Politically, 2016 was a terrible year, what with Brexit and Trump. I didn’t want to write a depressing, negative round up of the year so I am writing a more personal post about some of the high points for me – things I’ve done and places I’ve been.
- Summer holiday in Majorca. We went on our usual all inclusive week in the sun, where the children can eat as much ice-cream as they like, and I can drink as many watered down cocktails in plastic cups, and nobody has to do any cooking or housework. The highlight of the week was a visit to the Caves of Drach which was memorable and spectacular and included a concert in a cave with the musicians floating on a boat. Well worth a visit if you’re in the area.
- My mum’s 80th birthday. It’s not every day you turn 80 and my mum threw a great party for family and friends featuring a drumming workshop. My mum really knows how to live! I made a giant birthday cake which was intended to be covered with raspberries until I realised how much raspberries cost in October.
- I asked a question on Question Time! This has to be my absolute highlight of the year. I was very lucky to be selected to be in the audience because about a thousand people applied and they only chose 150. Then I was even luckier to have my question selected as everyone submitted a question but only about four were used on the show. It was so exciting and for a long time afterwards people came up to me and said they saw me on the show. You can watch me ask my question here. Please do watch the whole of the clip as the ensuing discussion is very good, especially Ken Loach’s contribution.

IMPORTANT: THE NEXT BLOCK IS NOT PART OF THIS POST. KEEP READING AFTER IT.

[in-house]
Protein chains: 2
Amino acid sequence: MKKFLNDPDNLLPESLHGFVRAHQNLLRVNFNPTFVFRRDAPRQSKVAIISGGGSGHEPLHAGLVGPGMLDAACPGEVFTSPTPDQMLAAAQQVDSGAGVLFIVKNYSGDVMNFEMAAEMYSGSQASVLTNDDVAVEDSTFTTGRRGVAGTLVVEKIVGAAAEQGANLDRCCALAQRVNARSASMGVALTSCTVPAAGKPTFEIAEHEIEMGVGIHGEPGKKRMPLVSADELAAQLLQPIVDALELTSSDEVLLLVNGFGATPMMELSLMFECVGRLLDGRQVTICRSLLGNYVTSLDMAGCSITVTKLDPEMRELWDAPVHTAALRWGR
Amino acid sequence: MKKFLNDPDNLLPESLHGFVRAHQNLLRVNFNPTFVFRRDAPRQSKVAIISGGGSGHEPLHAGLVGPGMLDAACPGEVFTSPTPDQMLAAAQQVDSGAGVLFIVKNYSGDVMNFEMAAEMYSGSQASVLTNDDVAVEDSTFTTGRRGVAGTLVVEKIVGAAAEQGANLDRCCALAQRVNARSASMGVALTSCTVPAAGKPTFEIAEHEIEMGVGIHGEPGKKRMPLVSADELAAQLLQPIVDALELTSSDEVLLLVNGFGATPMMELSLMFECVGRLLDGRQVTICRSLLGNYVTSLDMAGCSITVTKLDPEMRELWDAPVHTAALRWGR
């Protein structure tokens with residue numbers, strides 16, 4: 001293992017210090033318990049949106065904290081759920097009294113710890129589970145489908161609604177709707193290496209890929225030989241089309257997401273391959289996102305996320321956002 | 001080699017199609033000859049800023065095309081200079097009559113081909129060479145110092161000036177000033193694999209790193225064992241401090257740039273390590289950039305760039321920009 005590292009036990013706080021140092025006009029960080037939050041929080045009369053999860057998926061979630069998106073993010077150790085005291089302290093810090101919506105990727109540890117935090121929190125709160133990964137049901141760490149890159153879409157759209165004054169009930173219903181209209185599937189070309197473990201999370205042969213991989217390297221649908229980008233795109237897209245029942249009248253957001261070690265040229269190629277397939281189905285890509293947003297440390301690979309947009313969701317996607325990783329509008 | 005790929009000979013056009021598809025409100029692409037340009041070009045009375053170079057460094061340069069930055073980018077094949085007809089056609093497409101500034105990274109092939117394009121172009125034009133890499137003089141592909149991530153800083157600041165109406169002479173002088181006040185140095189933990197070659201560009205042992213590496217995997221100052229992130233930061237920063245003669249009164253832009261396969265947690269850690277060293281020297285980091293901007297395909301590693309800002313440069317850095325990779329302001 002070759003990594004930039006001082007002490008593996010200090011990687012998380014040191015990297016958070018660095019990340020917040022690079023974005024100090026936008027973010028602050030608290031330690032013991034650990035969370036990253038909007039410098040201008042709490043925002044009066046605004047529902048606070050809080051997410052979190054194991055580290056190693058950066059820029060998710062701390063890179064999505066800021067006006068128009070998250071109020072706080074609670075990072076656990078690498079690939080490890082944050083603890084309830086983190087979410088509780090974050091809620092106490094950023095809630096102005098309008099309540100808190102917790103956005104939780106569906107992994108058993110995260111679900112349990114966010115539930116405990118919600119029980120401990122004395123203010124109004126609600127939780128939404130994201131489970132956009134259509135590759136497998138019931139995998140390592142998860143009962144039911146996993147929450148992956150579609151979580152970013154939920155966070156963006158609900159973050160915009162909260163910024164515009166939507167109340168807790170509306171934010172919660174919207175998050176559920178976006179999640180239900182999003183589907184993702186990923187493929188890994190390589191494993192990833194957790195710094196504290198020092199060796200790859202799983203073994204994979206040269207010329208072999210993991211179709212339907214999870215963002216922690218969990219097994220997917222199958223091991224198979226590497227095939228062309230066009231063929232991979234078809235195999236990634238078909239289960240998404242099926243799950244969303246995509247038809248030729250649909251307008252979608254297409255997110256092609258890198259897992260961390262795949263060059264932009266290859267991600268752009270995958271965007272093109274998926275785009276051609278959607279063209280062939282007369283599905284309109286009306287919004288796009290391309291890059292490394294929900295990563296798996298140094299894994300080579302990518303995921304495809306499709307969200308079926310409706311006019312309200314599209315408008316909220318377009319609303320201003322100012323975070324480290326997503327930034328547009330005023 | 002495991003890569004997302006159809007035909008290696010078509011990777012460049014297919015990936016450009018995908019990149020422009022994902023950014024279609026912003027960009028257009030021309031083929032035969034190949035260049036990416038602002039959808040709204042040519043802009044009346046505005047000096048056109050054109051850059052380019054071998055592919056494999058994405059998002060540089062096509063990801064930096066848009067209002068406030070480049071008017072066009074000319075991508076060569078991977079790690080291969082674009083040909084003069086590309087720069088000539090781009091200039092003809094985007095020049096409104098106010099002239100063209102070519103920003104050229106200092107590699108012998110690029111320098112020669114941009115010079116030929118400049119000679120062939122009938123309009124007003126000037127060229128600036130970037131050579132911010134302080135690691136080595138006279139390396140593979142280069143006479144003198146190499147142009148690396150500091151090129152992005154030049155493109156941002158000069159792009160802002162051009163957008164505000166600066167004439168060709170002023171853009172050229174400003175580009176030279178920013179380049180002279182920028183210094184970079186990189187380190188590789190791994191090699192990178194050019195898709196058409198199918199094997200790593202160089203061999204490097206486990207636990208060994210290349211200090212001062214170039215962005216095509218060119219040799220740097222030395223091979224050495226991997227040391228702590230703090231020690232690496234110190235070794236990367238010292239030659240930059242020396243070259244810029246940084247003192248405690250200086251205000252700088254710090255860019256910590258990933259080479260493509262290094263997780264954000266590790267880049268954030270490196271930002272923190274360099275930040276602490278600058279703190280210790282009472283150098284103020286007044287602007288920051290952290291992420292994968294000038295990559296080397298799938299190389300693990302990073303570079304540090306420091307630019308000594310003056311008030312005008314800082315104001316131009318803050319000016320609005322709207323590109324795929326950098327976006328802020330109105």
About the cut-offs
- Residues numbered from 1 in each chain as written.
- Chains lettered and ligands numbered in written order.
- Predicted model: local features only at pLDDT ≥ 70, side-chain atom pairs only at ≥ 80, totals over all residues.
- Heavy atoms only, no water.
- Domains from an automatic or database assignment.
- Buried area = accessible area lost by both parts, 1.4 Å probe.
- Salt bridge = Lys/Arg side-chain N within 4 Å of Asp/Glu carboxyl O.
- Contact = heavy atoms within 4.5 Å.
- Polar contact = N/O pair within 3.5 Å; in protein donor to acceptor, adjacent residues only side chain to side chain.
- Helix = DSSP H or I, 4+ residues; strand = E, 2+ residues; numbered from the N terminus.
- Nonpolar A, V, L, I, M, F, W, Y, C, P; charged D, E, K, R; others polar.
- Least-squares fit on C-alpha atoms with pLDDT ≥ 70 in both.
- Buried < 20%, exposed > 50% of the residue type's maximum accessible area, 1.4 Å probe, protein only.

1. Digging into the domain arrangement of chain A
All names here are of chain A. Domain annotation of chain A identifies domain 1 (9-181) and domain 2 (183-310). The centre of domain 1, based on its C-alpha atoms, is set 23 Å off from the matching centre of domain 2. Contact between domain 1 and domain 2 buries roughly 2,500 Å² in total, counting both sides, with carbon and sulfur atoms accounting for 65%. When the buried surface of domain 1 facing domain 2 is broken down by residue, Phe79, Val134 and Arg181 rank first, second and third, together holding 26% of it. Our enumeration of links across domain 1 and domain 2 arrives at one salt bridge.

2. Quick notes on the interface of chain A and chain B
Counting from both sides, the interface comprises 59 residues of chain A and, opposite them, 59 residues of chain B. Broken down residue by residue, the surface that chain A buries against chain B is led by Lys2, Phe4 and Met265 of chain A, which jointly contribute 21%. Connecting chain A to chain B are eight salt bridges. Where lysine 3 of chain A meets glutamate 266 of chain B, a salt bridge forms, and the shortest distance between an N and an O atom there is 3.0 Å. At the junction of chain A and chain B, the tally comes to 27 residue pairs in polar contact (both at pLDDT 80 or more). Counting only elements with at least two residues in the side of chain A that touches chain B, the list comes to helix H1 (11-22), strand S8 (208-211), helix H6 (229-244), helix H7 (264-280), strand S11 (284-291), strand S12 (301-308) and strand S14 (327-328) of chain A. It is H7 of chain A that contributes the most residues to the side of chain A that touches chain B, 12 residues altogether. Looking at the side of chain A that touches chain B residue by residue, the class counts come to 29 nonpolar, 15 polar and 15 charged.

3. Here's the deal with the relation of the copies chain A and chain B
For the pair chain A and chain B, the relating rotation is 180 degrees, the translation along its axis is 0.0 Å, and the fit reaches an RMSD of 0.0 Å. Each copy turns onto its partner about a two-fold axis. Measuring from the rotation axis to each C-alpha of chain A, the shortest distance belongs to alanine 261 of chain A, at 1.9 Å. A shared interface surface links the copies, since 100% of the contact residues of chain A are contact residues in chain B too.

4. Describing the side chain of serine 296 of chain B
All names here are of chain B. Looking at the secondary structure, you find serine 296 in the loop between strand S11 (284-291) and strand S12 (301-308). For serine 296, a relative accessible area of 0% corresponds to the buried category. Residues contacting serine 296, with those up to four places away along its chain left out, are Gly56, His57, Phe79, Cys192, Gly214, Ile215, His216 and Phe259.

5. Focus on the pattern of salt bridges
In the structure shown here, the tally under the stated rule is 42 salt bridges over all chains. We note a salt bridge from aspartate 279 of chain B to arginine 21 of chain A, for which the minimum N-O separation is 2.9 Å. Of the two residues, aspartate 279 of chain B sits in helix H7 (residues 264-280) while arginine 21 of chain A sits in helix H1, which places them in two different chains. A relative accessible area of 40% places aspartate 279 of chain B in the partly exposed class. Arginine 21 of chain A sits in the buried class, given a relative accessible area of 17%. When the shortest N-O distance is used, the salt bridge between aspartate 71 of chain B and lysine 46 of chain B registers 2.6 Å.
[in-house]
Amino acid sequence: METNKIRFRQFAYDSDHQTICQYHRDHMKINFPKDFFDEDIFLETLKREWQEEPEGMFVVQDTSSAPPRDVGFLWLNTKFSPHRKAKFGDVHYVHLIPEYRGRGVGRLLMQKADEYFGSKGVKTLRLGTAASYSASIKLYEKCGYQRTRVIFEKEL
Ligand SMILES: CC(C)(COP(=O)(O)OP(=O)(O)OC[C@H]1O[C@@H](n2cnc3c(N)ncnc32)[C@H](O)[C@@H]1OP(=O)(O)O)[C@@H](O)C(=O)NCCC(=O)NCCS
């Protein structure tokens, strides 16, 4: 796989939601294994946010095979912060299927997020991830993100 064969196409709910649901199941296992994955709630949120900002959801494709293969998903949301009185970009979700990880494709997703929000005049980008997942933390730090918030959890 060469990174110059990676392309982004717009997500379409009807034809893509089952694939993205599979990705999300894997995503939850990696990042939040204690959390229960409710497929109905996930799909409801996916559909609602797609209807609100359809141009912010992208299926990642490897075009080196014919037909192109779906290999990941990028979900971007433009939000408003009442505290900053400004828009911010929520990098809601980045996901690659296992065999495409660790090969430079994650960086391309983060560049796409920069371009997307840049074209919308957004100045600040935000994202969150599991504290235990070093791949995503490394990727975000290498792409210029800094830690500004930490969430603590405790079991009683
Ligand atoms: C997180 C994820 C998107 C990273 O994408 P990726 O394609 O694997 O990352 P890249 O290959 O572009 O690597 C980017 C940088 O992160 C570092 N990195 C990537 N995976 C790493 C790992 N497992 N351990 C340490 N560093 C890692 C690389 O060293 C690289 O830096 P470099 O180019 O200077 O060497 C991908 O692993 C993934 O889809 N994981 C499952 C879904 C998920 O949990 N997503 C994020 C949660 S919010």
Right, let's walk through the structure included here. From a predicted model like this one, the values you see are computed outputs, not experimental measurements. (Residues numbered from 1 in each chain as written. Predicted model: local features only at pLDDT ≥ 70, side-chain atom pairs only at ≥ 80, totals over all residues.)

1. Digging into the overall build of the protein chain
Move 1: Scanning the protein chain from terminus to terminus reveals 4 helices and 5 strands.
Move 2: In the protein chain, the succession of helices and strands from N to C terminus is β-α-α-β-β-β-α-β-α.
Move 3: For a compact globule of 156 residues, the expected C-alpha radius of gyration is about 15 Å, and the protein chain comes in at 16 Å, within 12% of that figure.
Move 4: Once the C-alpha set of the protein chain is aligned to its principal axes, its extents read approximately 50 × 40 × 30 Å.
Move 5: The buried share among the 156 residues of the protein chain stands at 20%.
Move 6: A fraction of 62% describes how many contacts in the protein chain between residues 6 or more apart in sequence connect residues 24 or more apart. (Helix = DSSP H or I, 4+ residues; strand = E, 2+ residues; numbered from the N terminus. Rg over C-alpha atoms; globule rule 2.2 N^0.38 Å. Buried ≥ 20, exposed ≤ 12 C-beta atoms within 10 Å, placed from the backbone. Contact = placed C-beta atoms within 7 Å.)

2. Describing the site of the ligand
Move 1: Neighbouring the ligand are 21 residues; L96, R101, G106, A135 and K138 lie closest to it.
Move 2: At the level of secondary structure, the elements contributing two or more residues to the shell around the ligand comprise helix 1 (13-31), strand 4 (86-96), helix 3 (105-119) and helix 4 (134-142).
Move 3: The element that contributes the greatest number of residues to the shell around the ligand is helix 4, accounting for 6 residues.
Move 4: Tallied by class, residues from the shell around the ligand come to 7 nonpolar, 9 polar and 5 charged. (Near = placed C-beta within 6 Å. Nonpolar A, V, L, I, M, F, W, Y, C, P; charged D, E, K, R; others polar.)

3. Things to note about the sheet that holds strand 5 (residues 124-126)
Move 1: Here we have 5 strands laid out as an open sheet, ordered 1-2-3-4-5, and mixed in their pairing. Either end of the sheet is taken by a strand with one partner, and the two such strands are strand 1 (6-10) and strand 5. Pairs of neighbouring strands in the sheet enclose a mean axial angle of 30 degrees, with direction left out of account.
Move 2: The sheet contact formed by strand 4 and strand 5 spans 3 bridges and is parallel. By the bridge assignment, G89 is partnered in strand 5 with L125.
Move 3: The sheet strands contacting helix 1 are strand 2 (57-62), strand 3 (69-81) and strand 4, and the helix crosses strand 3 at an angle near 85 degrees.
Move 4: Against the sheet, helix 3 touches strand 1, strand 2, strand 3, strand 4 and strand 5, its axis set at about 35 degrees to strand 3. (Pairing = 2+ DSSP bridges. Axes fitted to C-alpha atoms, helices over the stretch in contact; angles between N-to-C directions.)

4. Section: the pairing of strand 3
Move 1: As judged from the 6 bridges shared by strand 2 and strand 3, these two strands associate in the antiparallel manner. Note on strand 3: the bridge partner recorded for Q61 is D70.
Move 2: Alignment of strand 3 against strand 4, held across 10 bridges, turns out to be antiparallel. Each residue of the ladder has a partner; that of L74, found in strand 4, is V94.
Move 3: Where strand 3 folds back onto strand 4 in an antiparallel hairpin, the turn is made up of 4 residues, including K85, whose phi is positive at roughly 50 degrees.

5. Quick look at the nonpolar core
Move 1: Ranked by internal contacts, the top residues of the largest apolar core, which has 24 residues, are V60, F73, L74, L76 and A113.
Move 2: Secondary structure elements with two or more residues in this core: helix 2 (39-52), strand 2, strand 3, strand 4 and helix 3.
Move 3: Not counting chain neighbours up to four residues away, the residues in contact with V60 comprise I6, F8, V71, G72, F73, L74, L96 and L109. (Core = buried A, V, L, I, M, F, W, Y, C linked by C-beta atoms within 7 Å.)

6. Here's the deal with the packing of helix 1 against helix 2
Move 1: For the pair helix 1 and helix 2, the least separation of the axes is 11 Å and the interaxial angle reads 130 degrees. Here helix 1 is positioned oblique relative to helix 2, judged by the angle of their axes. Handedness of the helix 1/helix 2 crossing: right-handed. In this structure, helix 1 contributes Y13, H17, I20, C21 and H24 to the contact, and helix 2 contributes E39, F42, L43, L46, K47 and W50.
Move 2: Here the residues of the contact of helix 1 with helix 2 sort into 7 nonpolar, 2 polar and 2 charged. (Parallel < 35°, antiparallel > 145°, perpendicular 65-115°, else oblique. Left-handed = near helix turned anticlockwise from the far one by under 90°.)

- Christmas in Italy. I managed to find cheap flights with Ryanair so that all four of us could fly to Italy for a week over Christmas for less than £200. We stayed with my husband’s sister in Merano which is a pretty town near the Austrian border. We were hoping for snow but sadly we were disappointed. The boys got to spend time with their cousins and I got to drink plenty of the local vin brulé. The best bit of the week was a visit to the thermal pools at the Hotel Terme. We sat in a hot, bubbly pool watching the sun set behind a mountain. A fantastic way to end the week.
- Getting a grade one in my teaching observation. Just about every time I’ve had a graded observation, the observer awards me a grade 2 with aspects of grade one. I am always told that my lesson would have been a grade one if it hadn’t been for one little thing that they made up that means I am merely good and not outstanding. But in my latest observation I finally achieved that elusive grade 1 which I guess means I am officially an outstanding teacher.
- One of the most memorable family outings of the year has to be our trip to Birdland at Bourton on the Water. This is where my 9-year-old’s obsession with penguins began.
- Association of Teachers and Lecturers Annual Conference. This is a fantastic event held every year in Liverpool. This year I was chosen to be on a panel of ten people to meet Nick Gibb, the minister for schools and ask him questions. We gave him a good grilling.
- Last week I was lucky enough to be picked to be in the audience of BBC Question Time when it came to Gloucester. I even had my question selected which meant that I got to read it out. This was quite an accomplishment as 1000 people had applied to be in the audience, 150 were chosen and all of those 150 submitted at least one question.
This was my question: